“The fact of the matter is Michael is a songwriter,” adds Melissa, “and there were songs Michael brought to Avalon that we turned down because they sounded like personal, solo songs; we don’t record songs like that.”
“That’s why I chose to make my solo record,” continues Jody, who released "Who I Am" in September 2002, “There was this group of songs that I had either written or co-written that I knew would not work for Avalon. You can’t force your vision on three other people. I think those kinds of issues contributed to Michael’s decision to leave the group. But he is going on in a solo ministry, and we wish him the very best.”
But best wishes aside, Michael’s departure began a season of self-examination for the singers that, quite literally, brought the group to its respective knees. As new member Greg Long (who was only watching from the sidelines at the time as Janna’s husband) tells it, “When Michael left Avalon, I can tell you even from a spouse’s vantage point – as well as Jody’s friend – Avalon almost was not. Melissa had just moved to Nashville and bought a home, and … things almost came to a halt right there.”
Season of Their Discontent
With circumstances as difficult as they were, the criticism Avalon continued receiving – and had felt for years – from the Christian industry couldn’t be coming at a worse time. As is the case with pop counterparts such as the boy bands and “American Idol” winners, the public may love them to the tune of gold or platinum; but the critics just seem to love to … well, criticize. The same has seemed to be true for Avalon from its inception, according to its members. No matter that the group has now garnered 19 No. 1 songs, 20 Dove nominations and three Dove Awards as well as the American Music Award for its “Contemporary Inspirational Music” category, the fact is that critics – both Christian and mainstream – never seemed to warm up to superb, pop song stylists like these. They do, however, seem to gravitate (sometimes indiscriminately) to even the most mediocre singer/songwriter types.
Says Jody, “I think from day one we’ve had to live down [the criticism of] being ‘manufactured’ or put together. The concept of the group was not mine and Janna’s; we were approached [and asked] if we would be interested in being part of something like this. For the first three or four years, that was a real cross to bear for us. Most Christian bands formed in college or in the garage or at their church; but, for us, it was really different. Now it’s more commonplace; but, even so, we were always seen as the glossy picture and production style artists. That’s something that, for us as individuals, is a part of who we are. But we always knew there was so much more.”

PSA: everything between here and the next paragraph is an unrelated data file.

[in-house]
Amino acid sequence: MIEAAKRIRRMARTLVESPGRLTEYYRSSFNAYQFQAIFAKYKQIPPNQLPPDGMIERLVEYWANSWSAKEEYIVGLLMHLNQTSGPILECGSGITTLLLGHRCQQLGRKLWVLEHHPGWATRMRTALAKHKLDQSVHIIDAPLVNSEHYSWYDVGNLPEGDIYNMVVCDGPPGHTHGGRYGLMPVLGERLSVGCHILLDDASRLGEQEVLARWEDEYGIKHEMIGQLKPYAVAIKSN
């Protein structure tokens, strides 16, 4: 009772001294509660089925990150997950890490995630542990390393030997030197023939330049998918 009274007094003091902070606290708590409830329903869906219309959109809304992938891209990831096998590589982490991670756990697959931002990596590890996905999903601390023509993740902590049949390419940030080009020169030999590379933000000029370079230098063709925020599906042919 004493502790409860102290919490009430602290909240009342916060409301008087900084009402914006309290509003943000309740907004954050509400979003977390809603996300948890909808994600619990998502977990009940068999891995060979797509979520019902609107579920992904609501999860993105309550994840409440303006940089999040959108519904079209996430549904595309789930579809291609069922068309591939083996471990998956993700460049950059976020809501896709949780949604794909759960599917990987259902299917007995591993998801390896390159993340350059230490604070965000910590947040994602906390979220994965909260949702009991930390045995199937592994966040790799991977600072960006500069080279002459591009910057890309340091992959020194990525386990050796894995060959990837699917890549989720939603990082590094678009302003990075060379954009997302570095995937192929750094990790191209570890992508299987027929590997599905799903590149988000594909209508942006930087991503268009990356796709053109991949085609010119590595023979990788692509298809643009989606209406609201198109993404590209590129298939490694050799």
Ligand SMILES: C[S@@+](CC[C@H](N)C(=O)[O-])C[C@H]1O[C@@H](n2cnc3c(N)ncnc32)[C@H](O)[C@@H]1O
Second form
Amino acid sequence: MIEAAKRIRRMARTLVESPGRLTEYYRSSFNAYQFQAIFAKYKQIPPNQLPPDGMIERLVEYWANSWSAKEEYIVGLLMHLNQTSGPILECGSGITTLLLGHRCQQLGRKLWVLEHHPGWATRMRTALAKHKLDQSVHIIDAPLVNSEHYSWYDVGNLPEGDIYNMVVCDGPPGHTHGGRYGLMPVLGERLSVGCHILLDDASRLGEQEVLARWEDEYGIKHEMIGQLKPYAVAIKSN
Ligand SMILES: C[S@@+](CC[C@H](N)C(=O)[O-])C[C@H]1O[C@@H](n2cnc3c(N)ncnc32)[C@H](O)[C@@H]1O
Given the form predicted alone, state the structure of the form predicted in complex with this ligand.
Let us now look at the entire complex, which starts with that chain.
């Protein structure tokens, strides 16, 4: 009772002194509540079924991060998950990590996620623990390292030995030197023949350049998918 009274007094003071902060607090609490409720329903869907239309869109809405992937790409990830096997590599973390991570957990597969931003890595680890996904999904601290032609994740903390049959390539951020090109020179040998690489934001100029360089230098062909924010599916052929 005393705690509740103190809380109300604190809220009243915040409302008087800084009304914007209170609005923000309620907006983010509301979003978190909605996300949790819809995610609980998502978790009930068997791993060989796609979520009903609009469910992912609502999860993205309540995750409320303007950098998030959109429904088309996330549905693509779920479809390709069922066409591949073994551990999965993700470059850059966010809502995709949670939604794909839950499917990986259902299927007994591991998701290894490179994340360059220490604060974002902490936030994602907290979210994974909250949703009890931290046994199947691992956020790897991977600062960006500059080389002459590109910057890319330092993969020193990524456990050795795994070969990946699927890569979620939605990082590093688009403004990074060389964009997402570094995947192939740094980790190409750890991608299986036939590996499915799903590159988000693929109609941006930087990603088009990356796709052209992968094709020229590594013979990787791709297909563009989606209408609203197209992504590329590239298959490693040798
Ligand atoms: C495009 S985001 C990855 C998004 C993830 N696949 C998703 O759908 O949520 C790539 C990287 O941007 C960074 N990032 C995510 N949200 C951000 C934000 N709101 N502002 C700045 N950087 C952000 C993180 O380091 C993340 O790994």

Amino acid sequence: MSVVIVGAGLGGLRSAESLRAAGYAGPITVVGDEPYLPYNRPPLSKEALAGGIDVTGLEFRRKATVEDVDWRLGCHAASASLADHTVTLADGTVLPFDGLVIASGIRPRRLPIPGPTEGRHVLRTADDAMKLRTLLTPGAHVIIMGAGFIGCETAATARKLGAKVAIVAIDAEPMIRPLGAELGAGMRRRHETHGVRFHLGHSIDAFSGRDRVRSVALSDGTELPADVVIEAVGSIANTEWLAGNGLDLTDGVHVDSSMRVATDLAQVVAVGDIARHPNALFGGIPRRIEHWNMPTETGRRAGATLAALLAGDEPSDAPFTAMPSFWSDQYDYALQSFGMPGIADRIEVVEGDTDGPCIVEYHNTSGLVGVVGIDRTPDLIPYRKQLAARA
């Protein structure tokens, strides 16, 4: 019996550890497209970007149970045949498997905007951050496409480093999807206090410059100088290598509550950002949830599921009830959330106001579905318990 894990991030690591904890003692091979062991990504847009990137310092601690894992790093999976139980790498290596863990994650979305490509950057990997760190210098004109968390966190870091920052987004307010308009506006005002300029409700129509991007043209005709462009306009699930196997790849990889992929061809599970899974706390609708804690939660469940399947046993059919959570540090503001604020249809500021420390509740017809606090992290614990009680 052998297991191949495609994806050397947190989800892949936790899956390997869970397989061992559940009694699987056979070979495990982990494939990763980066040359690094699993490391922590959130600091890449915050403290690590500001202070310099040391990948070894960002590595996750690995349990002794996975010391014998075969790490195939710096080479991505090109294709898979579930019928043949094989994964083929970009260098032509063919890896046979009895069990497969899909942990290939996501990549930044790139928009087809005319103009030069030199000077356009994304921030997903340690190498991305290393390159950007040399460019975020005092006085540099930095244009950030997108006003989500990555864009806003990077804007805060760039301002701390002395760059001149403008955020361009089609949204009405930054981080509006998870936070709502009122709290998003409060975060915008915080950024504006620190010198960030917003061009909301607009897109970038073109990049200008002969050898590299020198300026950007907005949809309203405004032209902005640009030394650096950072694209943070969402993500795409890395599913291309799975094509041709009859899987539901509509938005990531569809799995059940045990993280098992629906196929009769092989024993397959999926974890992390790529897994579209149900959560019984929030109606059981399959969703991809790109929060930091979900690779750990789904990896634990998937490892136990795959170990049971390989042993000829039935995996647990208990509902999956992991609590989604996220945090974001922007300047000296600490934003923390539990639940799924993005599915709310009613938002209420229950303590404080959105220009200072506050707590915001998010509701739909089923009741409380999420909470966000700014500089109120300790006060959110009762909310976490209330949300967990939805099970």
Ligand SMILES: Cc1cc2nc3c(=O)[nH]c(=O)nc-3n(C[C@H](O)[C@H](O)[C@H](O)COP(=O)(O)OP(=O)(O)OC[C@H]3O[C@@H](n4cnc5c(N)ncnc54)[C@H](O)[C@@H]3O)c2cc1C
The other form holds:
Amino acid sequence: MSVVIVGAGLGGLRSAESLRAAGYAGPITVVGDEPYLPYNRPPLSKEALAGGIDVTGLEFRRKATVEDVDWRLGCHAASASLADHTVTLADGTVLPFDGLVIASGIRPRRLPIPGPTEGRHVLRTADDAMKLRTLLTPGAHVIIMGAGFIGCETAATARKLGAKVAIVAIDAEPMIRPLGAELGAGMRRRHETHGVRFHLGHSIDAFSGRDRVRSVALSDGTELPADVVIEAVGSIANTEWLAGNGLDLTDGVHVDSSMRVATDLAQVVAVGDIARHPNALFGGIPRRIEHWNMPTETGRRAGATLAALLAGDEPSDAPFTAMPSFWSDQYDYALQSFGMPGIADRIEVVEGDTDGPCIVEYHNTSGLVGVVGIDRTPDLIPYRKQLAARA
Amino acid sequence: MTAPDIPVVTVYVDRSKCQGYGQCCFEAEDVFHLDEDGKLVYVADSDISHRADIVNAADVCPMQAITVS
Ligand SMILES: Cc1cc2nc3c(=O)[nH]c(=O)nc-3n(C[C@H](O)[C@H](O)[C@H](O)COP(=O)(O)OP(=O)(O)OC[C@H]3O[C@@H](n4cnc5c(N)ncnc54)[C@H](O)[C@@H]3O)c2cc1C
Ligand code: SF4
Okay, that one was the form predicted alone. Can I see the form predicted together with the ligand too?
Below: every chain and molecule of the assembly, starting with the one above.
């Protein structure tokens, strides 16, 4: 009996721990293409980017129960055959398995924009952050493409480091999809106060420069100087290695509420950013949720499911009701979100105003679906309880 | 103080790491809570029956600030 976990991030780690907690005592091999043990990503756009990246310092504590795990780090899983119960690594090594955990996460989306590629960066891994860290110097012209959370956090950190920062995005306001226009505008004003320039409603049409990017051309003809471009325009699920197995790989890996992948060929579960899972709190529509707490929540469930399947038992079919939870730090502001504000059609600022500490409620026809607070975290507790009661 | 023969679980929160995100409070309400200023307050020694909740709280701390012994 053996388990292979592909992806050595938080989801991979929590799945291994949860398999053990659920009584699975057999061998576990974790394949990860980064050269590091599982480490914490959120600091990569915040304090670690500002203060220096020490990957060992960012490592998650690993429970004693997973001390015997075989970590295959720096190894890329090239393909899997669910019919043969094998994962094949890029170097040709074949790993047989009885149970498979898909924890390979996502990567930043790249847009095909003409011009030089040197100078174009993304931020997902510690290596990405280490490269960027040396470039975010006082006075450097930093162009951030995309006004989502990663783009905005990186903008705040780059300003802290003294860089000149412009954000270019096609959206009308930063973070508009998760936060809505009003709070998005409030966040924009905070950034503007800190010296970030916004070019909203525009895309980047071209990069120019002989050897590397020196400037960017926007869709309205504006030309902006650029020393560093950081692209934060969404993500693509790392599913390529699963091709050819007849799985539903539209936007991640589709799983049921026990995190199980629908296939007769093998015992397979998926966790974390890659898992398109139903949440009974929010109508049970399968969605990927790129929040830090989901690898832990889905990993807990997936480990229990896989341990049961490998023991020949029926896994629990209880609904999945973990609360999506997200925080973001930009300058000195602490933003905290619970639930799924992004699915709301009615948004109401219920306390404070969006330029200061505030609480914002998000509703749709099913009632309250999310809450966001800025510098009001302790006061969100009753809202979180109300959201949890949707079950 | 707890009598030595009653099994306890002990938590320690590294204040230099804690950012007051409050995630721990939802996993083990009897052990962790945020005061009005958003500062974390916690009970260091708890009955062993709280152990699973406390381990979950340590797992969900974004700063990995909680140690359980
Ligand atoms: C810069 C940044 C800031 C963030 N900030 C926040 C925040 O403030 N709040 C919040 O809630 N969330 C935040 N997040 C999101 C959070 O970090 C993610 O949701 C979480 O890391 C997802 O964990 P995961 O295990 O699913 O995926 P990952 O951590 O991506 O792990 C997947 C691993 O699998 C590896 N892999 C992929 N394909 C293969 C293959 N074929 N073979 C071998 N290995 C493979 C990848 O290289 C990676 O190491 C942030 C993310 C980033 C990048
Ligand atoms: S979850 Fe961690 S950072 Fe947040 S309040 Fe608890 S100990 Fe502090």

“The thing I don’t understand about the critics is that they seem to disrespect these types of artists from the outset by the way they were discovered,” adds Janna. “I mean, if their talent is there, why does it matter how it came to a label’s attention? Whether you are discovered by someone hearing you at your college or by your being in a talent search, your talent is the same.”
“It’s been a difficult thing for us within the industry, in particular,” Jody continues. “People who love our music have been extremely supportive of us, but the industry has been quick to write us off for reasons none of us completely understand. For example, we won the American Music Award last year. My wife, who works in the industry, came back to her office after the Awards, all excited to tell her co-workers; and people in her office said, ‘Oh, the only reason Avalon won is because they were there.’ We just have a hard time understanding why people in the industry seem to want to tear us down when we get such great feedback from our fans.
“All of that leads us to places that make us ask, ‘Why are we doing this? Is it to please industry types, our audiences, the Lord or ourselves?’ Obviously, we feel this is our calling, our ministry (and a very viable ministry); but we also do a lot of this for ourselves. The kind of music we record is the kind of music most of us would listen to at home. We love R&B/pop music, and we try as best we can to do what we love within the formula we’re given.”